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Posts Tagged ‘JavaScript’

JavaScript: How to prevent execution of JavaScript within a html being added to the DOM

February 5th, 2013 Admin 1 comment

    Getting pieces of html from an external web service, I display them “as is” on a page. To insert the htmls into the document I use handy jQuery methods: append() and html(). The only problem is the htmls contain inclusions of JavaScript that is executed whenever I add the htmls to the DOM (Document Object Model). Having looked for an acceptable solution to prevent untrusted scripts from running I found out that almost all solutions come to removing script-tags from html using the Regular Expressions. I tried a couple of regexes, and they really worked. However, every time I could find such a combination of script-tag, JavaScript inside it and wrapping html when the regexes either didn’t recognize a script block or cut out more than it was needed. And I don’t even mention that parsing an arbitrary HTML with the Regular Expressions is a bad idea in all respects :) . Trying to find another solution, I recalled that if we replace the type=”text/javascript” of a script-tag with the type=”text/xml”, the JavaScript inside will not execute. This is quite known fact, and a few JavaScript libraries use this behavior for their purposes. However, two things impeded me to implement the direct replacing of one type with another: the type=”text/javascript” sub-string may encounter outside the <script>, somewhere in the content (like in this article :) ); the script-tag may be without the type attribute at all, and, in this case, the code inside will be run as if the type=”text/javascript” is specified. Taking into account these conditions, I developed a few tricky regexes, that seemed to be fairly complicated and not reliable enough though. After all, this led me to a thought to examine what happens if the script-tag has two type attributes. Something like this:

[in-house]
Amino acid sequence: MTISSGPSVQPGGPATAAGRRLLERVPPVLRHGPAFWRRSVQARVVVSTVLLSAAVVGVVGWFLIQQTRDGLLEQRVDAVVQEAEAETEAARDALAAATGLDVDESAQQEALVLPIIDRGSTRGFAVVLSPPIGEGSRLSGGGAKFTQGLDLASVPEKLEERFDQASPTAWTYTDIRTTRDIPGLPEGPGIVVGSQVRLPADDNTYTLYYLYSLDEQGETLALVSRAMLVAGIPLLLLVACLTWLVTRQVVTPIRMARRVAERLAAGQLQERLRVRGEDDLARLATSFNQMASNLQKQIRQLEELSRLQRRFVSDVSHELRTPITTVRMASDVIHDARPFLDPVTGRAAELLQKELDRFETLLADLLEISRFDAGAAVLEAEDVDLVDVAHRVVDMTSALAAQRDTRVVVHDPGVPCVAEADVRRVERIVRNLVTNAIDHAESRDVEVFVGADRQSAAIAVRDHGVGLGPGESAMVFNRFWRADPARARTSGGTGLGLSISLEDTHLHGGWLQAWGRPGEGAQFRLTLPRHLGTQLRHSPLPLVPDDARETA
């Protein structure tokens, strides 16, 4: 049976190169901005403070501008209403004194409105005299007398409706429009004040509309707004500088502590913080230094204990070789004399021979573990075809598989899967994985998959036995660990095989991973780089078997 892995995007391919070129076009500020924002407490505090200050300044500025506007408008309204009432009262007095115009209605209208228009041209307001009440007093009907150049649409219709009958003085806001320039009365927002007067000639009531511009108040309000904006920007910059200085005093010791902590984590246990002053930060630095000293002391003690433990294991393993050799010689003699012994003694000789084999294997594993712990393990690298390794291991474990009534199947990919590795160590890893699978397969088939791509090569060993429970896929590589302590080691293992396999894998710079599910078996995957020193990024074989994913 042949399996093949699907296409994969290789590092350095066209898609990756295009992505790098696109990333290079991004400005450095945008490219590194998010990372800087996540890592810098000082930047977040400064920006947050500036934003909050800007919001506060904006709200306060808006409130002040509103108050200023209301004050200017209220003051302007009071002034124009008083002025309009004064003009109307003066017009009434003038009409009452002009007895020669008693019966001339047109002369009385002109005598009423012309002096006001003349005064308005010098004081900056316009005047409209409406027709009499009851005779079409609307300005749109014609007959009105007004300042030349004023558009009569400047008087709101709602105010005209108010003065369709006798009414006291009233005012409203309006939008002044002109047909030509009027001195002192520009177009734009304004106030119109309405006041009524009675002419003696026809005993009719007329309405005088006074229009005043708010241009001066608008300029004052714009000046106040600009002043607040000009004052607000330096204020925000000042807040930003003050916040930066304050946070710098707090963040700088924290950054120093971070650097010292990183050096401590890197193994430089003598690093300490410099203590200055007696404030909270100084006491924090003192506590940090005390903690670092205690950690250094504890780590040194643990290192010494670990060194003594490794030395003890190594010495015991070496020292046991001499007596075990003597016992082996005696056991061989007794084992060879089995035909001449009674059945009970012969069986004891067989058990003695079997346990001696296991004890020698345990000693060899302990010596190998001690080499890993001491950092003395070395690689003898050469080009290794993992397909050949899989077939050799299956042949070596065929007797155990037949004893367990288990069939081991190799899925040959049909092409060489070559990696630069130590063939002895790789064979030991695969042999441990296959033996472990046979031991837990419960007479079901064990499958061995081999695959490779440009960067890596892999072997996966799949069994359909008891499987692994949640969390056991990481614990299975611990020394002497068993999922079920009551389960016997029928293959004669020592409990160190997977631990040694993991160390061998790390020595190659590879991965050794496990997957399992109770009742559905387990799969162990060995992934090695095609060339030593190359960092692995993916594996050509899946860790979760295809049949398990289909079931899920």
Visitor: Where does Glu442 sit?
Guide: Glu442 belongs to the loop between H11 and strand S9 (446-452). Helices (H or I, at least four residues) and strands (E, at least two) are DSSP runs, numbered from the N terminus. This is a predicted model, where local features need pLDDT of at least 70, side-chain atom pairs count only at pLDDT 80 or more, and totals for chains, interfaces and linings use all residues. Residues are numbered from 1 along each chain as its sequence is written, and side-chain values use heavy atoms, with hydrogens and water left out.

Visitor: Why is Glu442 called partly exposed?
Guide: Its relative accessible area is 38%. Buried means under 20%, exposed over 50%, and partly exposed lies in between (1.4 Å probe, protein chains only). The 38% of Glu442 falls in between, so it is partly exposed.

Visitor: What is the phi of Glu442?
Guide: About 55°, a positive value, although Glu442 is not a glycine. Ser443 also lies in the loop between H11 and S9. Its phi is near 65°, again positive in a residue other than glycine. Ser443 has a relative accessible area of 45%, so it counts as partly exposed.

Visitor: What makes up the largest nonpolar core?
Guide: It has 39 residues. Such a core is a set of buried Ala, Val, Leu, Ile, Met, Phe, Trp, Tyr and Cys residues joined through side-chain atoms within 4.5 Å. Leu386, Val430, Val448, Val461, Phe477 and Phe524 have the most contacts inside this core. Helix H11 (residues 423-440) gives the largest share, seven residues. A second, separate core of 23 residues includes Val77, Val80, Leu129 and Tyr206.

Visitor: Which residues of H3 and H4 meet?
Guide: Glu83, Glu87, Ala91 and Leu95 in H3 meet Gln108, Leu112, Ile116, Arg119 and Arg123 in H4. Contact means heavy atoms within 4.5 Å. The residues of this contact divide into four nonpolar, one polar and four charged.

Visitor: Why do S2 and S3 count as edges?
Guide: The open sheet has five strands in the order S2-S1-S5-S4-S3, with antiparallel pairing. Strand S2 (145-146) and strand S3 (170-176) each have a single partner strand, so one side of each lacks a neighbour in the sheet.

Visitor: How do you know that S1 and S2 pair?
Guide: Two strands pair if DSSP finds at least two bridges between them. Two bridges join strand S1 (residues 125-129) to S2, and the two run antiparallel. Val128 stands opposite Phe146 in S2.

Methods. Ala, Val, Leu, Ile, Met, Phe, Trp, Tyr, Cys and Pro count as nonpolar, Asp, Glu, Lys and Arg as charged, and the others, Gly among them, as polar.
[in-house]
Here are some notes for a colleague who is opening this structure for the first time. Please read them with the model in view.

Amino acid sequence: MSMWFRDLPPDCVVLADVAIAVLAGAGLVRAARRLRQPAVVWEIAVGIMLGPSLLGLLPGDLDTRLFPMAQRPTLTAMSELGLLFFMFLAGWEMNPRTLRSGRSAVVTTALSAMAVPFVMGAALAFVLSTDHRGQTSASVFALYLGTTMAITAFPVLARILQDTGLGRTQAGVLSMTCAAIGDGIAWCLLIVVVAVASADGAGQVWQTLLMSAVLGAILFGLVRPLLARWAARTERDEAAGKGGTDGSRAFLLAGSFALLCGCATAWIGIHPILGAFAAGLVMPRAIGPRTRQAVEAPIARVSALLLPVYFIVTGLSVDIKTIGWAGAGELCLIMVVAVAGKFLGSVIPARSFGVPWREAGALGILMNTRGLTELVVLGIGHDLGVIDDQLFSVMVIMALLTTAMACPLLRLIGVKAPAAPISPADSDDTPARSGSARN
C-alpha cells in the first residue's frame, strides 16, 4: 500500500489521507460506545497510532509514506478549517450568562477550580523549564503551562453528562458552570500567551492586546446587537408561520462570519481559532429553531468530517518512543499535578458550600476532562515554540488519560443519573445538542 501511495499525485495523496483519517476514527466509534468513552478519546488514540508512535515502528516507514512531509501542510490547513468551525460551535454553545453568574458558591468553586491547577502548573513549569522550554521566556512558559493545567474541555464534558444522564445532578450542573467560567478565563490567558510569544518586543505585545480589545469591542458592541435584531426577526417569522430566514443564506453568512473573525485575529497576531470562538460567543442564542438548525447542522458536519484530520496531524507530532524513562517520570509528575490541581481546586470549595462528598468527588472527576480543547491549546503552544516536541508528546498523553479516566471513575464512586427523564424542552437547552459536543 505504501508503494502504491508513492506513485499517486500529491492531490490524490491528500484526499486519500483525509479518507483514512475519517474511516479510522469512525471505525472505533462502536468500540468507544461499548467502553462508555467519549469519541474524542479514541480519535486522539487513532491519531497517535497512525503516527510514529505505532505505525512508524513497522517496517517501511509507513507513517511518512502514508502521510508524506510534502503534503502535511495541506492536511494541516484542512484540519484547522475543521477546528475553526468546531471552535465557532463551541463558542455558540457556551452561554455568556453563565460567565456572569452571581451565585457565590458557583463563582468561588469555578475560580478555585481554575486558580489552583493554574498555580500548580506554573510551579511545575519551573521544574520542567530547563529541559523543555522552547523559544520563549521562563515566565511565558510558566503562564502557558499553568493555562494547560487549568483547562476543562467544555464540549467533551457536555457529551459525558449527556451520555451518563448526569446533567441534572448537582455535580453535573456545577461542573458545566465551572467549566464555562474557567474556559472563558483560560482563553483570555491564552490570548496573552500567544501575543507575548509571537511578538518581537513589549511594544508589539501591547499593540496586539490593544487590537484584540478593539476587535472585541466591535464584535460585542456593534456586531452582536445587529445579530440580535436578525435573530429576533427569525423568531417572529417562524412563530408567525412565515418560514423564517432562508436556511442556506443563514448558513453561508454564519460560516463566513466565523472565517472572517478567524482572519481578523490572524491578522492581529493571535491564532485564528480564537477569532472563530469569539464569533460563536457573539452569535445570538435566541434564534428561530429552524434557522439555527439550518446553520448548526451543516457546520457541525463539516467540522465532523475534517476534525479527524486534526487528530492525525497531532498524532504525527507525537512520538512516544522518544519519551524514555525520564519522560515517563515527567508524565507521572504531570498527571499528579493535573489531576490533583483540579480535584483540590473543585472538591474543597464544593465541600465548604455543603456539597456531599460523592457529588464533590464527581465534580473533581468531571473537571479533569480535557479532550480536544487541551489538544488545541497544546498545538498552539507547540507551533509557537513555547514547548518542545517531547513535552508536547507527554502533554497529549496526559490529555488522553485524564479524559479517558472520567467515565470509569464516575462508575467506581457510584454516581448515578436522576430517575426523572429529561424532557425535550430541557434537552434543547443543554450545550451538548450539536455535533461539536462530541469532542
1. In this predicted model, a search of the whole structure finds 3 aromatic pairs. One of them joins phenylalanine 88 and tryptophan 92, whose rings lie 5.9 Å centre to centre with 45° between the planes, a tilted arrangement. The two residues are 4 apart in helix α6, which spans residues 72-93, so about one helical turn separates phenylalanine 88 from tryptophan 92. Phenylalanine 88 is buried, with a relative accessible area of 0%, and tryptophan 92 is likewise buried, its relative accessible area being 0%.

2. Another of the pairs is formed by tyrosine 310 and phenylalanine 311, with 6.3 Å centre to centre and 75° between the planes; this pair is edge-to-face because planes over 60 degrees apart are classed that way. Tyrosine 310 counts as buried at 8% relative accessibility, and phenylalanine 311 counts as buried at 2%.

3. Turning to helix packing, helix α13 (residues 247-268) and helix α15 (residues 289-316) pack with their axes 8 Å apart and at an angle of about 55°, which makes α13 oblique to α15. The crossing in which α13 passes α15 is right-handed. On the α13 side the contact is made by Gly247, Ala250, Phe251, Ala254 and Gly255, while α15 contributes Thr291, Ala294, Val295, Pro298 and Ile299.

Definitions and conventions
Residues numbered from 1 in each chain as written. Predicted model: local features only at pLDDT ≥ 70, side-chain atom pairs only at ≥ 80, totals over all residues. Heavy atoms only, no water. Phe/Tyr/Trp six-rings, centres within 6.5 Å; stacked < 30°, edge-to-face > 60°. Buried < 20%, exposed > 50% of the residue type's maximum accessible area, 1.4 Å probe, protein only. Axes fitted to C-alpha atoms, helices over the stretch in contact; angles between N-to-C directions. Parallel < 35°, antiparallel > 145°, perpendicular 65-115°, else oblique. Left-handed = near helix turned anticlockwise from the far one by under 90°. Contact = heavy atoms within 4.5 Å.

<script type="text/xml" type="text/javascript">
    alert('Hello!');
</script>

All browsers I tested this in didn’t execute JavaScript. On the contrary, if I change the type attributes over, the script is executed. Only the first type attribute seems to be efficient. So, my resultant solution is based on the following assumptions:

  • JavaScript inside the <script type=”text/xml”> doesn’t execute;
  • JavaScript inside the <script type=”text/xml” type=”text/javascript”> doesn’t execute as well because only the first type is considered;

So, below is a very simple JavaScript function, which prevents scripts from running and seems to avoid most of drawbacks:

function preventJS(html) {
    return html.replace(/<script(?=(\s|>))/i, '<script type="text/xml" ');
}